PHOENIX — The state of Arizona agreed to settle a lawsuit filed on behalf of 33,000 inmates over the quality of health care in its prisons.
The agreement ended the class-action case just days before it was to go to trial, officials said Tuesday.
As part of the settlement, the state agreed to seek more money from the legislators to increase staffing for medical and mental health care workers and offer all prisoners between ages 50 and 75 colon cancer screenings.
The American Civil Liberties Union said health care inside of the Arizona Department of Corrections’ prisons was horrible.
“I personally have been involved in prison litigation for over 40 years, and I have never seen a worse example of inadequate medical and mental health care,” said Dan Pachoda, legal director for the ACLU in Arizona.
Pachoda said that critically ill patients died because they weren’t treated in time. Some who wanted to see a doctor were allegedly told to pray for a cure. He said that the corrections department settled the lawsuit by agreeing to over 100 “benchmark” changes.
“There are specific treatment requirements for certain diseases, including Hepatitis C and others,” Pachoda said. He said that the state will be required to provide medical treatment within “two to three months” of the prisoner’s request.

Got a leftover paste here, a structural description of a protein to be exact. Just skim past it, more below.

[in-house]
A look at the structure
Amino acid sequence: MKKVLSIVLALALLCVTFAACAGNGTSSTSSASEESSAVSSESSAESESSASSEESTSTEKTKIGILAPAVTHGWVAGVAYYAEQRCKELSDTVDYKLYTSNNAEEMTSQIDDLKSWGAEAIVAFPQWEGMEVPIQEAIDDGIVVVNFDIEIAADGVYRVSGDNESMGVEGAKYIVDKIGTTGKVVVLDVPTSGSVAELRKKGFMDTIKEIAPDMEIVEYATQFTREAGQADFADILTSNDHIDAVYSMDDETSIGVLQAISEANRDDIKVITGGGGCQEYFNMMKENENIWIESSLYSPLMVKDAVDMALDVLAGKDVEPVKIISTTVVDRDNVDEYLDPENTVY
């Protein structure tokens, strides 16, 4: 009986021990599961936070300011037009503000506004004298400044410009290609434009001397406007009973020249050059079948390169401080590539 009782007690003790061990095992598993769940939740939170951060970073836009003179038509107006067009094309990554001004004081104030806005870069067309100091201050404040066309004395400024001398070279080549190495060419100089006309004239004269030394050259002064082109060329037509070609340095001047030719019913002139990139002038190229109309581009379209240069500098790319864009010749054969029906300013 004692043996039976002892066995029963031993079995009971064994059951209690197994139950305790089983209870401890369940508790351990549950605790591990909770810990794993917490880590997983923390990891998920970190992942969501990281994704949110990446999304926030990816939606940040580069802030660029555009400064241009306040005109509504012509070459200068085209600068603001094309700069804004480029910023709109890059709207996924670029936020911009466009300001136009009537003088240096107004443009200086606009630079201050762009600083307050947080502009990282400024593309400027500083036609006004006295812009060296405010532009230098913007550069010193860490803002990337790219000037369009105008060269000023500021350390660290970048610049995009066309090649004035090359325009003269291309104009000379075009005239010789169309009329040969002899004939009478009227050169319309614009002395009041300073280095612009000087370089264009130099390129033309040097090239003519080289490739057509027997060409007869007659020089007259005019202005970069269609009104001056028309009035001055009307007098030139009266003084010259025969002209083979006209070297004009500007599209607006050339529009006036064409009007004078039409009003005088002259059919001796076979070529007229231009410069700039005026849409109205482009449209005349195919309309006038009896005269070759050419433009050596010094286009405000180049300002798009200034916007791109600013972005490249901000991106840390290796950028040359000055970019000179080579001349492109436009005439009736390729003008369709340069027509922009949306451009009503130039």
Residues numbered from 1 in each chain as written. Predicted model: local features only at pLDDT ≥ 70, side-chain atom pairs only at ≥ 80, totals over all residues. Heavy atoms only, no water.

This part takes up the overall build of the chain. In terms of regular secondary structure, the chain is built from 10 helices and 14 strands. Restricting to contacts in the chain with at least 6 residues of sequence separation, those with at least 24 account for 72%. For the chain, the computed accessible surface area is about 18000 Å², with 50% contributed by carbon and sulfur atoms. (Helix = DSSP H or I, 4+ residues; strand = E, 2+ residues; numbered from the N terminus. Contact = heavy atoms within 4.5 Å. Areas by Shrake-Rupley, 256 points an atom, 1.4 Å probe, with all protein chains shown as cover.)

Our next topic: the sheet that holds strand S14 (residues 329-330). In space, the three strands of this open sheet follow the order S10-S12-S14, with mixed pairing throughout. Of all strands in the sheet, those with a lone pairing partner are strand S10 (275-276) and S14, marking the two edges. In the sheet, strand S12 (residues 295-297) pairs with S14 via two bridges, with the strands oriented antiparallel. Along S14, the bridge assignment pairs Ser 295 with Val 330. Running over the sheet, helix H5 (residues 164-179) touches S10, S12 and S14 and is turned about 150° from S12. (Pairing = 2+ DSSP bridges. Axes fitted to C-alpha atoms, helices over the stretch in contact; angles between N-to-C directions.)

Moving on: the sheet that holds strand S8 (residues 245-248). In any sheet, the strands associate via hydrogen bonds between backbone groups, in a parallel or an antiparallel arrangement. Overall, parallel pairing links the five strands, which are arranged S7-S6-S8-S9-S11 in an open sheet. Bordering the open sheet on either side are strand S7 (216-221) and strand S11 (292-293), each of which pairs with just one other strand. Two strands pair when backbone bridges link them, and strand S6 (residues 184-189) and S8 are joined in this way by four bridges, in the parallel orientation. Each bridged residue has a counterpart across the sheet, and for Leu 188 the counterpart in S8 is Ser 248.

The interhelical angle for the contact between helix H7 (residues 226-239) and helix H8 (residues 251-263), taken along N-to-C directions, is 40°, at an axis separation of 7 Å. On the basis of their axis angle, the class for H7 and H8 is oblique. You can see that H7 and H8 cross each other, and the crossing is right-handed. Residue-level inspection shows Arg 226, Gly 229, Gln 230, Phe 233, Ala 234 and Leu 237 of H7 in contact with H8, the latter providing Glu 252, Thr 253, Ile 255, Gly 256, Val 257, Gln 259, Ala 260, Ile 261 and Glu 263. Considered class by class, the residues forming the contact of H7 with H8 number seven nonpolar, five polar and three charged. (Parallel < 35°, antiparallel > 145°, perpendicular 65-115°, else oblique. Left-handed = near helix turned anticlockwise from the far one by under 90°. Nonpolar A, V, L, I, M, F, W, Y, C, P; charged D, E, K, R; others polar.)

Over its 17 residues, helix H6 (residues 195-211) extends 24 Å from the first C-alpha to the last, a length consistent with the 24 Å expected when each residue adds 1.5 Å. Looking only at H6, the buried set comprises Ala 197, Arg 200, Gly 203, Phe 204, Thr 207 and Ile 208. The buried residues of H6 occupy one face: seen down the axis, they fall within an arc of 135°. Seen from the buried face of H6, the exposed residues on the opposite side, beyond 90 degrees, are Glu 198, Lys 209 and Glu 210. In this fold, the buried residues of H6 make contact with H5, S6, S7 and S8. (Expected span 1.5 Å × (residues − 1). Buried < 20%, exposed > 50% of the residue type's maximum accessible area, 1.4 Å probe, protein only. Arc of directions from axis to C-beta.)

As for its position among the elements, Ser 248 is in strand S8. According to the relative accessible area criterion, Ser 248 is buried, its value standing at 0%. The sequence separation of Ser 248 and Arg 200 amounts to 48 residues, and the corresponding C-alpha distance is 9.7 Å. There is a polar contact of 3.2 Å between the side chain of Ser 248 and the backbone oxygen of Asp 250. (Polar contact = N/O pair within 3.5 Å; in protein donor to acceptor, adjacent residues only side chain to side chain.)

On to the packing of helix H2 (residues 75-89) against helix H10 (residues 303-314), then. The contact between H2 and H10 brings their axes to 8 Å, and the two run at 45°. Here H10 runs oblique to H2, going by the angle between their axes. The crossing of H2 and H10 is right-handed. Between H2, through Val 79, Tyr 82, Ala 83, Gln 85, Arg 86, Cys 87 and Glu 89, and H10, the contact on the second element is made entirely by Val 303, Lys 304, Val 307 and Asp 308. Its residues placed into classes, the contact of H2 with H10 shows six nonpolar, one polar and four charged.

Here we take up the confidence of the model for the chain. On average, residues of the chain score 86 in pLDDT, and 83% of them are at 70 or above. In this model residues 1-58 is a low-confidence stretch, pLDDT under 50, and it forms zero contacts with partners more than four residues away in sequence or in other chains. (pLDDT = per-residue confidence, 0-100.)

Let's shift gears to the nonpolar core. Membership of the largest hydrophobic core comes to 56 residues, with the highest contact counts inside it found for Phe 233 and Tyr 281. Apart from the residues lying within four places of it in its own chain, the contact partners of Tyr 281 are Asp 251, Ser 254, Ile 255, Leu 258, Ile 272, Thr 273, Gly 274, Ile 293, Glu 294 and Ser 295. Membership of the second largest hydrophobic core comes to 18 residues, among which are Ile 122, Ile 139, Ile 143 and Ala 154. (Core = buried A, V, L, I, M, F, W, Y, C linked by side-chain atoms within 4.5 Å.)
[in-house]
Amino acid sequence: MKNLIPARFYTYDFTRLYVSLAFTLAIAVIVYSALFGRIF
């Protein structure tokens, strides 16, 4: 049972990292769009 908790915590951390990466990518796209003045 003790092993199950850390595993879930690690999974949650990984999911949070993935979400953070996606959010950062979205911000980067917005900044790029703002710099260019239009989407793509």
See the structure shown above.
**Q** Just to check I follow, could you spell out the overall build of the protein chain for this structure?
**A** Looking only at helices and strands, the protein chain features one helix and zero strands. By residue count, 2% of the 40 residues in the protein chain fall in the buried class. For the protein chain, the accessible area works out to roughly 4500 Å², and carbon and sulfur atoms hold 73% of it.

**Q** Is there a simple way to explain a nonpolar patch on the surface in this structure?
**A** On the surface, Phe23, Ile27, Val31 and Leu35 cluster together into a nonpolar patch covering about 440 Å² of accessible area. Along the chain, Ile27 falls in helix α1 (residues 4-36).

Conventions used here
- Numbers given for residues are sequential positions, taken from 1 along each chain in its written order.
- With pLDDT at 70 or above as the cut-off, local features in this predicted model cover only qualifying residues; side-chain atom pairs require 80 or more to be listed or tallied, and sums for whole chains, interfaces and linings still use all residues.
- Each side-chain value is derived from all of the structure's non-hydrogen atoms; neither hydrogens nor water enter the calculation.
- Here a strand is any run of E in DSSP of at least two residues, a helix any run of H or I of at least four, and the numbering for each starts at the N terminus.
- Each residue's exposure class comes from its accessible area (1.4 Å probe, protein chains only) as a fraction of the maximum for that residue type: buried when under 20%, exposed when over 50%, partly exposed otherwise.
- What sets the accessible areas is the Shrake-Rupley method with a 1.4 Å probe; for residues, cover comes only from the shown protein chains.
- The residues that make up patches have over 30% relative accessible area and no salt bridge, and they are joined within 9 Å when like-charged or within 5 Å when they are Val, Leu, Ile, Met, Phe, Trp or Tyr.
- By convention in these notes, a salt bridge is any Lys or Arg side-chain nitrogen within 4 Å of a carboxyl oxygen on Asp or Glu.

Also representing the plaintiffs was a group called the Prison Law Office. That group’s attorney, Corene Kendrick, is also happy with the settlement.
“They’ve also agreed to make a number of changes to the isolation units,” Kendrick said. Those changes include letting prisoners with mental conditions who are in solitary confinement out of their cells for 19 hours a week. Currently they are only allowed six hours per week.
The department said all of the talk about solitary confinement was misleading, claiming there is no solitary confinement.
“This term of ‘solitary confinement’ is antiquated and not applicable, and hasn’t been for years to the Arizona Department of Corrections,” agency spokesman Doug Nick said.
“There are single-cell environments that do fall into nationally accredited standards that require a certain amount of natural daylight for every inmate. They have the ability to have contact with others, and have out-of-cell time.”
The department said it’s done nothing wrong. Still, Nick called the settlement a positive development.
“We’re very happy to have come to an agreement,” he said.
Nick said that settling the lawsuit will avoid a costly trial and save resources that can be used to provide “constitutional health care” to inmates.
Pachoda said that the state has agreed to pay $4.9 million in legal fees as part of the settlement.
The Associated Press contributed to this report.